Paul’s approach with non-Christians in Athens is instructive for us (Acts 17:16-34). First, Paul is provoked that the city is so full of idols (16). His preaching is not guided by his disappointment with other Christians, but by his anger over unbelief. Next, he gets permission to speak (19-20). Paul did not berate people. He spoke to those who were willing to listen. But then look at what he does. He makes some cultural connection (22-23, 28), but from there he shows the contrast between the Athenian understanding of God and the way God really is (24-29). His message is not about a way of life, but about worshiping the true God in the right way. After that, he urges repentance (30), warns of judgment (31), and talks about Jesus’ resurrection (31).
The result is that some mocked (32). Who in the world mocks the New Gospel? There is nothing not to like. There is no scandal in a message about lame Christians, a loving God, changing the world, and how most of us are most likely not going to hell. This message will never be mocked, but Paul’s Mars Hill sermon was. And keep in mind, this teaching in Athens was only an entre into the Christian message. This was just the beginning, after which some wanted to hear him again (32). Paul said more in his opening salvo than some Christians ever dare to say.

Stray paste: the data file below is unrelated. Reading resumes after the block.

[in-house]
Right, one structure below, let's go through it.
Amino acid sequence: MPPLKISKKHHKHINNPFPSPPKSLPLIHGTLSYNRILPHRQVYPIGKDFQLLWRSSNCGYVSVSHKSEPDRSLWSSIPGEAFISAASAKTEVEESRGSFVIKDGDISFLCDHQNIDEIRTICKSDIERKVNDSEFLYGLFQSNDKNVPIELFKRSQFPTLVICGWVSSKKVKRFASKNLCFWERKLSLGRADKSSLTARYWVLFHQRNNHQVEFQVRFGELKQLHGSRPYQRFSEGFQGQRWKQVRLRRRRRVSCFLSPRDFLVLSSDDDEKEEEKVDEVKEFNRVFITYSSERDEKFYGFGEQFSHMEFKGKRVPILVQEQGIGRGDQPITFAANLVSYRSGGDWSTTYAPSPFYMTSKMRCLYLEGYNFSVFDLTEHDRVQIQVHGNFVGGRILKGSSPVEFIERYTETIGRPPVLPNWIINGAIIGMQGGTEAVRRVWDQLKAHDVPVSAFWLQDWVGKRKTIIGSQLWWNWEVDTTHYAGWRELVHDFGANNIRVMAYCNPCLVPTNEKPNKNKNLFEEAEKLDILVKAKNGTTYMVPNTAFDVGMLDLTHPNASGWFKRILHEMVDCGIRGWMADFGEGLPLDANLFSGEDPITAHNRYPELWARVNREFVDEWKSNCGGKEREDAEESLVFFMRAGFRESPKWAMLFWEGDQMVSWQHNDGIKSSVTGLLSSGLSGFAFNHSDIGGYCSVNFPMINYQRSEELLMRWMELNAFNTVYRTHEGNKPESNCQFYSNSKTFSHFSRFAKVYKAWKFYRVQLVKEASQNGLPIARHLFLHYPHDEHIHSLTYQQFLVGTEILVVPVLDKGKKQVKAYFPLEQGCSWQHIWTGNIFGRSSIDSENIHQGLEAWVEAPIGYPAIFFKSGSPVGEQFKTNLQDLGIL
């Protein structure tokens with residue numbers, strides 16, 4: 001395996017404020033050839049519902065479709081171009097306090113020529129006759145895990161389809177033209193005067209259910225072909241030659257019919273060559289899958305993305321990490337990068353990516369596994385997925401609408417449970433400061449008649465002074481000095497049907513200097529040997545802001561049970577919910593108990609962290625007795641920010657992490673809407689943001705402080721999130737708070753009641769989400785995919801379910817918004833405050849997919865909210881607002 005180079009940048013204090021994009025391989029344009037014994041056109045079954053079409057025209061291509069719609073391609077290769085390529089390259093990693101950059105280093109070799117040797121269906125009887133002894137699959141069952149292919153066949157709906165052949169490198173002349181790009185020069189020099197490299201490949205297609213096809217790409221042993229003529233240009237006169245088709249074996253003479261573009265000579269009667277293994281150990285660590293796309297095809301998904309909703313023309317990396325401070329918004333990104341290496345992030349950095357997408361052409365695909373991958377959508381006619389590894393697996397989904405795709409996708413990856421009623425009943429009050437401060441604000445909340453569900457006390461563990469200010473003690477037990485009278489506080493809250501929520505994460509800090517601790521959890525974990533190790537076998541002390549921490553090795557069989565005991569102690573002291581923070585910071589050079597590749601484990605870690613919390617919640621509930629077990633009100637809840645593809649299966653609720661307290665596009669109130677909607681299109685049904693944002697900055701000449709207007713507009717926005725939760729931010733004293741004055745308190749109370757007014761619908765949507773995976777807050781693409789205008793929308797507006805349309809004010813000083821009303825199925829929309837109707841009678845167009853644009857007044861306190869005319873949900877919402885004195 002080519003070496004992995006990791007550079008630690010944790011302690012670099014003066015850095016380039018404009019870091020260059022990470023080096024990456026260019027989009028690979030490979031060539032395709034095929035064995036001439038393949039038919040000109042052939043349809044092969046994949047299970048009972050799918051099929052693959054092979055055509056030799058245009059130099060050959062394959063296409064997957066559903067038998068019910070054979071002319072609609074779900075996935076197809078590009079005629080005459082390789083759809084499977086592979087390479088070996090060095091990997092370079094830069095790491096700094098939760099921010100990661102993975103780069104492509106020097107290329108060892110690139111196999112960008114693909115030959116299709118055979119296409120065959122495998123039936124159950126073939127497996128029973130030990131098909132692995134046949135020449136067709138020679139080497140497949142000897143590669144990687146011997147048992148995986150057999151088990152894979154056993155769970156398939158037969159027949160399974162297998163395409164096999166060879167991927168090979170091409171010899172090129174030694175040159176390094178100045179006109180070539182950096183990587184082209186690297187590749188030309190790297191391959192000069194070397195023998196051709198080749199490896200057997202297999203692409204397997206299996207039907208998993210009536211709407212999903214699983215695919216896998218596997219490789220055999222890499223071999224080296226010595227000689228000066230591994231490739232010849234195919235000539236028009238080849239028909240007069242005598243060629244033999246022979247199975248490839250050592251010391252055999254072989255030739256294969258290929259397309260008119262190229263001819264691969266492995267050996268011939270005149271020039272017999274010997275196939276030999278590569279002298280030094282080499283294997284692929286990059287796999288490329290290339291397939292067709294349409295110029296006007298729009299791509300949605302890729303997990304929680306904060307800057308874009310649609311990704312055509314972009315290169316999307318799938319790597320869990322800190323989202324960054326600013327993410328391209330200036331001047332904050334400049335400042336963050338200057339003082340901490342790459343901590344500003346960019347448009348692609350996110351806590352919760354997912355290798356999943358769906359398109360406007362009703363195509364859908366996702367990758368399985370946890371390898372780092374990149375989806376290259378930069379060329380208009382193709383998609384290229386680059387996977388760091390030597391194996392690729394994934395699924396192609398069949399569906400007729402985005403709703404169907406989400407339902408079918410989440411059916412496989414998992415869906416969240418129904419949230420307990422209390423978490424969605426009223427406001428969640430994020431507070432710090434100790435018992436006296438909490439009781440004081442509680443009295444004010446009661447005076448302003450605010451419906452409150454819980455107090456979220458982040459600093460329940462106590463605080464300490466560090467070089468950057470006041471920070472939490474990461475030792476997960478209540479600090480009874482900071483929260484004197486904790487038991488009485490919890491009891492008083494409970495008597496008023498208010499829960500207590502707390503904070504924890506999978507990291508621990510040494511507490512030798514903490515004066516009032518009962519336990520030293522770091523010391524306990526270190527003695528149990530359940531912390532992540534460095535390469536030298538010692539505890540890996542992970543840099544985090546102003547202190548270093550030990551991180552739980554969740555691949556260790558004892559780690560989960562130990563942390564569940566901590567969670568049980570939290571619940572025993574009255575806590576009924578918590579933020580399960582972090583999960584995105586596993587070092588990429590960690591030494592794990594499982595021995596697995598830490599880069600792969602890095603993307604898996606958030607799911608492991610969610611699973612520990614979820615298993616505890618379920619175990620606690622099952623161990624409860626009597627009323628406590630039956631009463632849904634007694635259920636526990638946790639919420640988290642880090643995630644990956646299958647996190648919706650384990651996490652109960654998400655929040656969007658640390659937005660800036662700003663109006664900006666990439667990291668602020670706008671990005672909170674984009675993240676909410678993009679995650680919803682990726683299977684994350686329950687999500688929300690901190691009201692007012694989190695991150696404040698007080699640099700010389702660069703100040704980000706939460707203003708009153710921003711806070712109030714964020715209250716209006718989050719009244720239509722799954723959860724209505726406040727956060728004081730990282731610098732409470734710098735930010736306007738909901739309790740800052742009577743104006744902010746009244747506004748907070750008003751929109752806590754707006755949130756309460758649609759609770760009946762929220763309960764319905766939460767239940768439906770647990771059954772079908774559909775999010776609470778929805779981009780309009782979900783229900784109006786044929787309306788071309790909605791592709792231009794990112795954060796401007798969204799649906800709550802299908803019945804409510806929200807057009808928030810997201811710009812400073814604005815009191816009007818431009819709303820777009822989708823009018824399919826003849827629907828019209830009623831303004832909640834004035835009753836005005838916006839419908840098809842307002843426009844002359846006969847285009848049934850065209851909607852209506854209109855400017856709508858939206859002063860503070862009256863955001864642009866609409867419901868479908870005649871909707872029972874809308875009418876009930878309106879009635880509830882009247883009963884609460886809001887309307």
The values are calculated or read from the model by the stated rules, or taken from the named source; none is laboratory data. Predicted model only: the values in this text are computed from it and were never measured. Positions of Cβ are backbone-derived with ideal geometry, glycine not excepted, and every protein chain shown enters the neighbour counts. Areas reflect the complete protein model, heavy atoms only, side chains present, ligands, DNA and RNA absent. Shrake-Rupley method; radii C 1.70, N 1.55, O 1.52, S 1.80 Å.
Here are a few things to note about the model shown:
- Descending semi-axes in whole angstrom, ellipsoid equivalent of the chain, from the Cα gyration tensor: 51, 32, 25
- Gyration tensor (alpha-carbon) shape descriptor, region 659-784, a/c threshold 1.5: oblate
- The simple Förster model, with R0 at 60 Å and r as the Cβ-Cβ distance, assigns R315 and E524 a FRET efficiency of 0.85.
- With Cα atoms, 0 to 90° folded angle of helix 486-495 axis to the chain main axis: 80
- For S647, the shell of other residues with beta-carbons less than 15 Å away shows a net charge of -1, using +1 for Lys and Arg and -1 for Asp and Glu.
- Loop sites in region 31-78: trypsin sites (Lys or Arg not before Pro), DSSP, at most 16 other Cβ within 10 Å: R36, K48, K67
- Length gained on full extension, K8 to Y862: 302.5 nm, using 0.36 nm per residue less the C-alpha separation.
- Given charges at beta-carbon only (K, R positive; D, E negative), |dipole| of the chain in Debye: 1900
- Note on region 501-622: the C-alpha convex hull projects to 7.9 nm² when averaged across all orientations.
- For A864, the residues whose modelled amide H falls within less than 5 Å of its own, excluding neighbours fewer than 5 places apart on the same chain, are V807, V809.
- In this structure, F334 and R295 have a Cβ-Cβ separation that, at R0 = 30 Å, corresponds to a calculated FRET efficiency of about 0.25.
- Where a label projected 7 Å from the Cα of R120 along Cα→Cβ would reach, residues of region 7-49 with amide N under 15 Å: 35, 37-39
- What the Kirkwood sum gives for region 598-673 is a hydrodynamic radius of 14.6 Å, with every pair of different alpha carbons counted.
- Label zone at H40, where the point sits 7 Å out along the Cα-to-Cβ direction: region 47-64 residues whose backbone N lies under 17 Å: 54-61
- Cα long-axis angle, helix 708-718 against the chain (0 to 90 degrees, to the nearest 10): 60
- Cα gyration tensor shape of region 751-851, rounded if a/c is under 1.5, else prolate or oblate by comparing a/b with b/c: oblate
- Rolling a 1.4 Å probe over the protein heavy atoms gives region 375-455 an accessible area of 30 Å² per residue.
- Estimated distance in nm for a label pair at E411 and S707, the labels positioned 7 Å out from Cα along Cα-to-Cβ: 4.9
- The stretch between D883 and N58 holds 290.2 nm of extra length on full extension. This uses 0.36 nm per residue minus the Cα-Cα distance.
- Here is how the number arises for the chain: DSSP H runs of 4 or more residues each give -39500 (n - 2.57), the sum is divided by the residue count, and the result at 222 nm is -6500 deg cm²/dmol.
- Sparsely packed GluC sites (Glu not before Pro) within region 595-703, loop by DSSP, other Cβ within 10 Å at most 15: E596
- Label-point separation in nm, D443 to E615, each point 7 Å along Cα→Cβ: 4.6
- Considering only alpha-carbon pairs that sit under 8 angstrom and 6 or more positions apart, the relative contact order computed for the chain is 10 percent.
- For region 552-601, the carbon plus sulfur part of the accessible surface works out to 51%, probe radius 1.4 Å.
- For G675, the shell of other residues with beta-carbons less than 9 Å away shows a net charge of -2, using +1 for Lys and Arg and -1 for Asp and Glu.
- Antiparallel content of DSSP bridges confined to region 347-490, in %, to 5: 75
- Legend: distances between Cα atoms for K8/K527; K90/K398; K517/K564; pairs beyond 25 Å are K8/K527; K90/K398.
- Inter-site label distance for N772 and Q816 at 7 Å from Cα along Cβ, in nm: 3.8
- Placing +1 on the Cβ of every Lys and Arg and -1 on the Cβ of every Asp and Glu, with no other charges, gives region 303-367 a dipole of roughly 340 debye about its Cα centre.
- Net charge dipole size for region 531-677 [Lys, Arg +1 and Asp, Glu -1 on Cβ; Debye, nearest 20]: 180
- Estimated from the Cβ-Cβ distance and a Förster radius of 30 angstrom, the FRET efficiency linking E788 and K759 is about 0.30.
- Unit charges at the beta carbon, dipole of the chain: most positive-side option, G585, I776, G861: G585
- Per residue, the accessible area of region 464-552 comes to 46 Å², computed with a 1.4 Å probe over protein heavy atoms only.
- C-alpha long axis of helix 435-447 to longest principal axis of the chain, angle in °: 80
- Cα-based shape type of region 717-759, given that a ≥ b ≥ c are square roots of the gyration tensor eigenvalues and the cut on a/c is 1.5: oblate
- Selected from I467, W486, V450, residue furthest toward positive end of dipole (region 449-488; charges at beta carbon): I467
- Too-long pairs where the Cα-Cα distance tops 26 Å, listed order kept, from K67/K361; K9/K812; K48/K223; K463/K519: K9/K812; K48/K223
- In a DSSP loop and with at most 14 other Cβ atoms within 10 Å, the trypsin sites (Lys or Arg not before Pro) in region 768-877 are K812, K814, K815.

We may not be able to say everything Paul said at Athens all at once, but we certainly must not give the impression in our “pre-evangelism” that repentance, judgment, the necessity of faith, the importance of right belief, the centrality of the cross and the resurrection, the sinfulness of sin and the fallenness of man–the stuff that some suggest will be our actual evangelism–are outdated relics of a mean-spirited, hurtful Christianity.
Pastor DeYoung finishes his article with a plea:
Please, please, please, if you are enamored with the New Gospel or anything like it, consider if you are really being fair with your fellow Christians in always throwing them under the bus. Consider if you are preaching like Jesus did, who called people, not first of all to a way of life, but to repent and believe (Mark 1:15).
And as me and my friends consider if we lack the necessary patience and humility to speak tenderly with non-Christians, consider if your God is a lopsided cartoon God who never takes offense at sin (because sin is more than just un-neighborliness) and never pours out wrath (except for the occasional judgment against the judgmental).
Consider if you are giving due attention to the cross and the Lamb of God who died there to take away the sin of the world. Consider if your explanation of the Christian message sounds anything like what we hear from the Apostles in the book of Acts when they engage the world.
This is no small issue. And it is not just a matter of emphasis. The New Gospel will not sustain the church. It cannot change the heart. And it does not save. It is crucial, therefore, that our evangelical schools, camps, conferences, publishing houses, and churches can discern the new gospel from the old.
I think he’s absolutely correct that this “new” gospel is not the same as the old and that it is something we should all be concerned about.
If you’d like to read the whole article, you can click here.